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Sweet & Spicy Smoked Pork with Lowcountry Vinegar Sauce

While it’s common to cook the shoulder or even go whole-hog, our experts agree on the Boston butt as the go-to cut for pulled pork. Taken from the upper part of the shoulder behind the pig’s neck, it ranges in size from six to nine pounds and is evenly marbled to produce tender, well-flavored meat. Plus, from a practicality standpoint, not much goes to waste with Boston butt—there’s nothing but a shoulder blade to throw away. Cook with the fat cap on top, facing up. “This way, it braises the meat,” says Aaron Siegel of Home Team BBQ. The fat eventually melts off, but it keeps the meat moist while cooking. Many butchers pre-trim these cuts, so call ahead and order an untrimmed cut with the fat cap still attached. All Bark, Plenty of Bite • The sugar and spices in your dry rub will caramelize while cooking and form a textured “bark” ranging in color from mahogany to dark brown. This crispy outer layer is looked on as the Holy Grail of pork barbecue; it should distribute evenly when pulled for serving and flavor every bite. • Season dense cuts of meat like Boston butt liberally before cooking; once it’s pulled, these spices have to flavor the entire cut—not just the surface.
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Courtesy of Jimmy Hagood

7-9 lb. Boston butt

Basic barbecue dry rub

Lowcountry Vinegar Sauce


For the Lowcountry Vinegar Sauce: Combine 2 qts. each apple cider vinegar and white vinegar in a stockpot over medium heat. Bring to a boil then reduce heat to simmer. Add 1/3 cup paprika, 1/4 cup oregano, 1/4 cup chili powder, 1/4 cup kosher salt, 1/4 cup black pepper, 2 Tbs. granulated garlic, 1½ Tbs. white sugar, and 1 Tbs. cayenne pepper. Drop in slices from 2 lemons and continue to simmer until liquid reaches 185°F, or 15 minutes. Remove from heat and cool.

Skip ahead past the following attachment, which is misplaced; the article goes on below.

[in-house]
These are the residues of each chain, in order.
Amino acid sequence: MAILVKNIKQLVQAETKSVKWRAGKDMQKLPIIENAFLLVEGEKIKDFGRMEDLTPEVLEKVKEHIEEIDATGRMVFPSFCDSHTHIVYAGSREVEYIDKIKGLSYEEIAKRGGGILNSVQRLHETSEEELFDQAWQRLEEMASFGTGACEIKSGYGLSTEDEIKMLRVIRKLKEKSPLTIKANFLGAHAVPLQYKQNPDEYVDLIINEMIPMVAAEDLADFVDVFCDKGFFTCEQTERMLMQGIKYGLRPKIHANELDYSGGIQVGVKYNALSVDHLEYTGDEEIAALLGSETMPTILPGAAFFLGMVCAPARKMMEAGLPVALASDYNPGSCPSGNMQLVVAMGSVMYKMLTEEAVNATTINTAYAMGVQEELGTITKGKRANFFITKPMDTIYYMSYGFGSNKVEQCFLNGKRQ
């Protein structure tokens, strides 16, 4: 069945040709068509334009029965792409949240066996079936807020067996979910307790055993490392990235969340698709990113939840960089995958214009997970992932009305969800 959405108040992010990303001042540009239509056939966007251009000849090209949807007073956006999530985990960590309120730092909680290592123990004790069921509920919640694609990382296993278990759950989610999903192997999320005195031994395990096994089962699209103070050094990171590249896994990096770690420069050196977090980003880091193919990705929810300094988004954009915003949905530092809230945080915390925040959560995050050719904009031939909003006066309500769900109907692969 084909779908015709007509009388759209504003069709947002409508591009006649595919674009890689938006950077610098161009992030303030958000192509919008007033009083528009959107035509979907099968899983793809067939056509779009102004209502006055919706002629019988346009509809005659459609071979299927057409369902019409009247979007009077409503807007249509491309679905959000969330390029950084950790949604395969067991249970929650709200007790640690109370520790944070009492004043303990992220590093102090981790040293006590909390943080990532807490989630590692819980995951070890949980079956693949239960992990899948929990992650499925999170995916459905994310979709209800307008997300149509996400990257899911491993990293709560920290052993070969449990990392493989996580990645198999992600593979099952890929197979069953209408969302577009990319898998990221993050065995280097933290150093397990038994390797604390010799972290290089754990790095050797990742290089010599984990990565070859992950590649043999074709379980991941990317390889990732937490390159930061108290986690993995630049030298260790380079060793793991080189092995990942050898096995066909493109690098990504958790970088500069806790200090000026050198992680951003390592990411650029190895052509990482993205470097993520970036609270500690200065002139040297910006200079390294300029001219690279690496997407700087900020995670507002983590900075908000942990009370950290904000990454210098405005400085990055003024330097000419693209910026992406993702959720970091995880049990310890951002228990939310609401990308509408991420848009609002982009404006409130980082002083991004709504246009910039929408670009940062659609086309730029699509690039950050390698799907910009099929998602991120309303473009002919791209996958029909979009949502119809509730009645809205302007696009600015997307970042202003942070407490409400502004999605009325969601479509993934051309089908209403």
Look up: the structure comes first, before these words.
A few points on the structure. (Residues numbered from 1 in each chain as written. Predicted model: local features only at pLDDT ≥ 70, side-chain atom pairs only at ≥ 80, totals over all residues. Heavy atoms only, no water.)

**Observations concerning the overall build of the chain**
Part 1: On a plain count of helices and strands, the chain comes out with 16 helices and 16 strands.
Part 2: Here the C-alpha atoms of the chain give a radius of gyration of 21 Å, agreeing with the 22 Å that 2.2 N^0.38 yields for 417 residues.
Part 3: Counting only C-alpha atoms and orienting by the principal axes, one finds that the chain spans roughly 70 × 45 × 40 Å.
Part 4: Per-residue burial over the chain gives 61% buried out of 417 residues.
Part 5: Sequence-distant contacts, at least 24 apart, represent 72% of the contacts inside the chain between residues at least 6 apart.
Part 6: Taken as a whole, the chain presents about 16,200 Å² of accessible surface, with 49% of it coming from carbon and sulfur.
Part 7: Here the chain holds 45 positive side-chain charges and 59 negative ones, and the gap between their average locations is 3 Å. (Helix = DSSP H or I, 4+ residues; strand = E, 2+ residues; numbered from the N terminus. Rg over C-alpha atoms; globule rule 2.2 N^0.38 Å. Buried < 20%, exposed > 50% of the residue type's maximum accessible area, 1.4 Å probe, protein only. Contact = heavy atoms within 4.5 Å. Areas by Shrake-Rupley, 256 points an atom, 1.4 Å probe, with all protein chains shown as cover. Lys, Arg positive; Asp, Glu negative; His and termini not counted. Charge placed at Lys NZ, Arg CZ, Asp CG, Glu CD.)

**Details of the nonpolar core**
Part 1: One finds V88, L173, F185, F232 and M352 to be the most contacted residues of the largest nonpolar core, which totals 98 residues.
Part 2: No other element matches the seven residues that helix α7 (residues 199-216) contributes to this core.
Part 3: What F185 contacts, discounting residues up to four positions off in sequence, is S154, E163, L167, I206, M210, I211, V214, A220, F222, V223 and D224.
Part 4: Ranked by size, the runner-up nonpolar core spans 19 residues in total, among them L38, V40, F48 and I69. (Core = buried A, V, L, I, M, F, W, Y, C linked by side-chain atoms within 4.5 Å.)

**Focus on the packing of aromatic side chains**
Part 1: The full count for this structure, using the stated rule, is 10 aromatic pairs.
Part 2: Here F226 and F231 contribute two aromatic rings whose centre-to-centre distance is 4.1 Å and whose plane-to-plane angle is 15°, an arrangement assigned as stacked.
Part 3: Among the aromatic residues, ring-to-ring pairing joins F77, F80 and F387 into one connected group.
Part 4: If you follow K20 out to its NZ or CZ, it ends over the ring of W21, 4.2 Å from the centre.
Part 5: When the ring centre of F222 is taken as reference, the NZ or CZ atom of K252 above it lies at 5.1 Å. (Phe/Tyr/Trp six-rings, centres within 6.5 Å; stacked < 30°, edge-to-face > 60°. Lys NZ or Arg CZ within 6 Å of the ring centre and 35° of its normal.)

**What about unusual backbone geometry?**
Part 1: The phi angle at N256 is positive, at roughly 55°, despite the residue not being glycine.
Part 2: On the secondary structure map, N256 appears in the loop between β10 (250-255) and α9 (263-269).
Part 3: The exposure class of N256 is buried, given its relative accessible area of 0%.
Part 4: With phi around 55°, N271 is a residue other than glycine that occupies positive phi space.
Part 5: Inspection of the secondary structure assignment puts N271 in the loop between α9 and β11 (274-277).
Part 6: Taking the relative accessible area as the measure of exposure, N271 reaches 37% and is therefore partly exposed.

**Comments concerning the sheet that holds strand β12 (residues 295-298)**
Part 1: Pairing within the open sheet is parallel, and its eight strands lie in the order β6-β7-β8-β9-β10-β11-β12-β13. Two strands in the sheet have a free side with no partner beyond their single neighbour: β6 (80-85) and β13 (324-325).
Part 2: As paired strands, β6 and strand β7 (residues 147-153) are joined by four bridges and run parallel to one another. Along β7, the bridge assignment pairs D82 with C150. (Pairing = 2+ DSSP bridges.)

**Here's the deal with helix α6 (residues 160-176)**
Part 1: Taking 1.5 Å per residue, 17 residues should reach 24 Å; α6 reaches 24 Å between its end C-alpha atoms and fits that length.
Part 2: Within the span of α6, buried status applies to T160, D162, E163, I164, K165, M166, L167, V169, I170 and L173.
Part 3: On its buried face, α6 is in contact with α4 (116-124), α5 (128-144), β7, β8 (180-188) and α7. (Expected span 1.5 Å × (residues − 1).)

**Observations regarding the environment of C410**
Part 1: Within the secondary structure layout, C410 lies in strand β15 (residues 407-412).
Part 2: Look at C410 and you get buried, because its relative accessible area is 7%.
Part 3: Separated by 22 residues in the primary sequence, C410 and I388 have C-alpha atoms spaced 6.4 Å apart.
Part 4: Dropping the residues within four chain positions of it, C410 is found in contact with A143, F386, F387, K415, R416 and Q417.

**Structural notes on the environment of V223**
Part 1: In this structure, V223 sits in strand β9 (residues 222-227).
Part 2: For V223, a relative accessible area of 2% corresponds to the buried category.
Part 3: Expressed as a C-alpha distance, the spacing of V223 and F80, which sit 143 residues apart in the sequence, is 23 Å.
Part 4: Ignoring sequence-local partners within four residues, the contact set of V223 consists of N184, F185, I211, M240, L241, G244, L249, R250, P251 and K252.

With your hands, season the meat with the dry rub. Set aside at room temperature. Light half the coals in the grill. When the briquettes are covered with gray ash, push an even amount of the coals to two sides, leaving a small circle of coals in the center. Place two chunks of wood on each pile.

Place the seasoned meat (fat side up) on the grate in the center of grill. Place cover on grill and open ventilation holes. Add additional hot charcoal with shovel when the temperature falls to 220°F. Add additional wood chunks for two hours.

When the internal meat temperature reaches 165°F, wrap the meat in aluminum foil and place back on the grill, or finish in the oven at 225°F. When the internal meat temperature reaches 190 to 195°F, remove from grill or oven. Allow meat to rest for 30 minutes, then pull meat from bone and remove remaining fat cap. Chop with a meat cleaver. Sauce to taste.